“Between the two a gulf of … hostility and dislike, but most of all lack of understanding. They have a curious distorted image of each other."
This sentiment of hate could to refer to countless current social situations but was written in the 1950s about a guy who was a part of both literary and scientific cultures - giving him a privileged insight and an understanding of the absurdity of both.
Snow didn’t touch on gender or design - in his paper called ‘The Two Cultures’ - but these are the two cultures intertwined in my research. And like Snow, I see from the inside out how each begins to have a distorted view of each other in a complex and overlapping manner.
As a woman I am hopelessly optimistic, as the scientists in Snow’s writing, that my gender has value and a unique voice that can contribute significantly to the outcomes I make as a designer. But Snow lumps all scientists into one homogeneous lot, a group who are more likely to understand each other than those outside their circle. Women on the other hand no longer wish to be painted with the same brush as each other. Every life experienced as a woman is unique and representative only of herself. Here lies the similarities with designers - each, regardless of their discipline brings a personal process and narrative to the problems they must solve, improving the outcomes with increased diversity in the collaborative group.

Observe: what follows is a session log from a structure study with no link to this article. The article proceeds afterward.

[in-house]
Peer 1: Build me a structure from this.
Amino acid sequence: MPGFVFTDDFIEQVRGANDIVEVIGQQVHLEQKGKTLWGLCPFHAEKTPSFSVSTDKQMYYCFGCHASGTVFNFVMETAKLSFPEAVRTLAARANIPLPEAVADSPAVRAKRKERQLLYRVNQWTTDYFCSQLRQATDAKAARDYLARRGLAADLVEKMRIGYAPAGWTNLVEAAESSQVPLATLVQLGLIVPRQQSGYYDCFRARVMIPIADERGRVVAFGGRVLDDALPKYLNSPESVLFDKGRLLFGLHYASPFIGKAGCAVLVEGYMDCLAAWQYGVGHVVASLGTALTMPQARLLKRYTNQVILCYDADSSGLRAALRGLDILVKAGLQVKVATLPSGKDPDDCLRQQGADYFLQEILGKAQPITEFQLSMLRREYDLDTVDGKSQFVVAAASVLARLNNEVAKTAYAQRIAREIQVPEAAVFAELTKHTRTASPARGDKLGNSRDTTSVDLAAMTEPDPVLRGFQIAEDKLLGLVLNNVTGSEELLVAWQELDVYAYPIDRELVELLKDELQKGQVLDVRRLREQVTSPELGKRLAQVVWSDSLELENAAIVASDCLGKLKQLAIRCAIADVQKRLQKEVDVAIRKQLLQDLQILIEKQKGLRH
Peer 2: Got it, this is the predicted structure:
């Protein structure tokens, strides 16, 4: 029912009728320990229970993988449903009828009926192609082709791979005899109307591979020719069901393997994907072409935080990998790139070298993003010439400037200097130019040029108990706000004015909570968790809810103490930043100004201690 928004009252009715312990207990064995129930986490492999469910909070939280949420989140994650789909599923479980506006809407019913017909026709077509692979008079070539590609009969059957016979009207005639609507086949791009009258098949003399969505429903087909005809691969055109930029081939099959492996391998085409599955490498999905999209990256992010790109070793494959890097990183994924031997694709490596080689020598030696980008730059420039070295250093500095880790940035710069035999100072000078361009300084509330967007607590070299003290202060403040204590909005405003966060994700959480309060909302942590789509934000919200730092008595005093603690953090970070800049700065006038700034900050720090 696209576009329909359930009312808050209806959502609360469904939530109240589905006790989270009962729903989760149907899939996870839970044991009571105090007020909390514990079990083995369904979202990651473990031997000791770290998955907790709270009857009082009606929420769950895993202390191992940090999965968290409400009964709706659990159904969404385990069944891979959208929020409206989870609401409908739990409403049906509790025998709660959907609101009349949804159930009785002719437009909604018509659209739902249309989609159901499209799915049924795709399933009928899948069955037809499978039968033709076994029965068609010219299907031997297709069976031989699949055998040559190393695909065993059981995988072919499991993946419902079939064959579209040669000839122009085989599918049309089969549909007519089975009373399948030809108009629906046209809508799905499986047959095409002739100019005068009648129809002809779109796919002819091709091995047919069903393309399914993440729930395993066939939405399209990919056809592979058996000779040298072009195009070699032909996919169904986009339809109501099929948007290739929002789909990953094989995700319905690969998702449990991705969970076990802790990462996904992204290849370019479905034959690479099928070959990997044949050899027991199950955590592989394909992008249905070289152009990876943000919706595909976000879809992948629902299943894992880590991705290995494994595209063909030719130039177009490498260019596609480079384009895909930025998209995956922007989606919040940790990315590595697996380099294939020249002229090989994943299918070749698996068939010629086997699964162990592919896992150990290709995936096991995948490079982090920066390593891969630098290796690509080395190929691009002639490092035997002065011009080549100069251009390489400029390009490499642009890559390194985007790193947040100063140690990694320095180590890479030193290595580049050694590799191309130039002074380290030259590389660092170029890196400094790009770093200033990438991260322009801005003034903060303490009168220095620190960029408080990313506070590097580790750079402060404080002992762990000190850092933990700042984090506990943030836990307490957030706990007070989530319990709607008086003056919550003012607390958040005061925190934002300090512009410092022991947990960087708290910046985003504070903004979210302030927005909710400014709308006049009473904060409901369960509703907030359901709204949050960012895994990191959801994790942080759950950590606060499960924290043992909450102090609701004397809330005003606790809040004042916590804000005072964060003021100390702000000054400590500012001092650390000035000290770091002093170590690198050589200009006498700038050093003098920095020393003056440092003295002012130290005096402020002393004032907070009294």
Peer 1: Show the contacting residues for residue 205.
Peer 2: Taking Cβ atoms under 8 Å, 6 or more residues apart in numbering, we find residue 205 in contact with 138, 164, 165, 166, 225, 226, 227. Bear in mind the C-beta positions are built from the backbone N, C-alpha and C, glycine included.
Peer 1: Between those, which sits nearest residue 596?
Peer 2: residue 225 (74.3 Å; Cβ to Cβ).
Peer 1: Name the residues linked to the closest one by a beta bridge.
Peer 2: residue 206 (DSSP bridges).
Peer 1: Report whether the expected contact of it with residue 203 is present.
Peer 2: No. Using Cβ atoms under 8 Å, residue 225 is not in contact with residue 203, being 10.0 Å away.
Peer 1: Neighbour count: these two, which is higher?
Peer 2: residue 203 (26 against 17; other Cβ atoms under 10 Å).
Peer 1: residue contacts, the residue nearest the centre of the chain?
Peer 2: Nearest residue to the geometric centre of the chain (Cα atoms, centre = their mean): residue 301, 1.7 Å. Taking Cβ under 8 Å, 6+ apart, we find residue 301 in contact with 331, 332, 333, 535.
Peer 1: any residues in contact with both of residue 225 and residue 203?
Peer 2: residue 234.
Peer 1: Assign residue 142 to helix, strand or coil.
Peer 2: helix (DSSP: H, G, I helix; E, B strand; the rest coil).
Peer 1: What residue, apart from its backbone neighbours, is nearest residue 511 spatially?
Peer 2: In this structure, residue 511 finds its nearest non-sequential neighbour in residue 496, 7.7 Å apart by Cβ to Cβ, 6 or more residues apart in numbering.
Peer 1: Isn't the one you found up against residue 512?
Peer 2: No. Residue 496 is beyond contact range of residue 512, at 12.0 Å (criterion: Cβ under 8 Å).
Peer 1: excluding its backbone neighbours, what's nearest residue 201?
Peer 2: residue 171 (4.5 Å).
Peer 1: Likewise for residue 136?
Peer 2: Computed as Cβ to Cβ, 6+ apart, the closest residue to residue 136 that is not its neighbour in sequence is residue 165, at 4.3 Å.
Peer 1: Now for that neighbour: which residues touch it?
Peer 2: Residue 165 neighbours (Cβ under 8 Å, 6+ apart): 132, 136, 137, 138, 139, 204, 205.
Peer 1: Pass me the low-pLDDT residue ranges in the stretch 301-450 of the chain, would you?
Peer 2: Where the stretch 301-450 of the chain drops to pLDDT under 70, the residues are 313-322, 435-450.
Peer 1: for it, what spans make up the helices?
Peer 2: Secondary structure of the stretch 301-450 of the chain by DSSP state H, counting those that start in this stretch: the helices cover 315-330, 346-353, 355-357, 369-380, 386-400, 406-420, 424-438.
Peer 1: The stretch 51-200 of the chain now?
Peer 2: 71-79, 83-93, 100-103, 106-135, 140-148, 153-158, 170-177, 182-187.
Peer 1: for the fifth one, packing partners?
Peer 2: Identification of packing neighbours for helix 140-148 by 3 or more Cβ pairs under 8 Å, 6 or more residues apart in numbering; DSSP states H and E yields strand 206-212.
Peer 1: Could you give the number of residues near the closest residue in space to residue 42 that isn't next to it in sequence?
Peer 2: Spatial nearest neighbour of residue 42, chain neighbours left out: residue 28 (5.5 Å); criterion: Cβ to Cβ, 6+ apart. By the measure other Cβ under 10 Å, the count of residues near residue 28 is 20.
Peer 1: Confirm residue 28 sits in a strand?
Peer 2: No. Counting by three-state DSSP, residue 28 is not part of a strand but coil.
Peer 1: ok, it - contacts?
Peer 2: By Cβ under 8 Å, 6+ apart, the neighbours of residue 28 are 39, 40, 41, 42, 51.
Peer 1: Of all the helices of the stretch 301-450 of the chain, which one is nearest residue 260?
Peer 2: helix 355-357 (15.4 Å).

So female designers must be celebrated and included - historically and in a contemporary sense - for what their contribution ought to do, or as Snow explains...
“The clashing point of two subjects, two disciplines, two cultures - of two galaxies... - ought to produce creative chances."
Reference: Snow, C.P. "The Two Cultures." London: Cambridge University Press, 1959.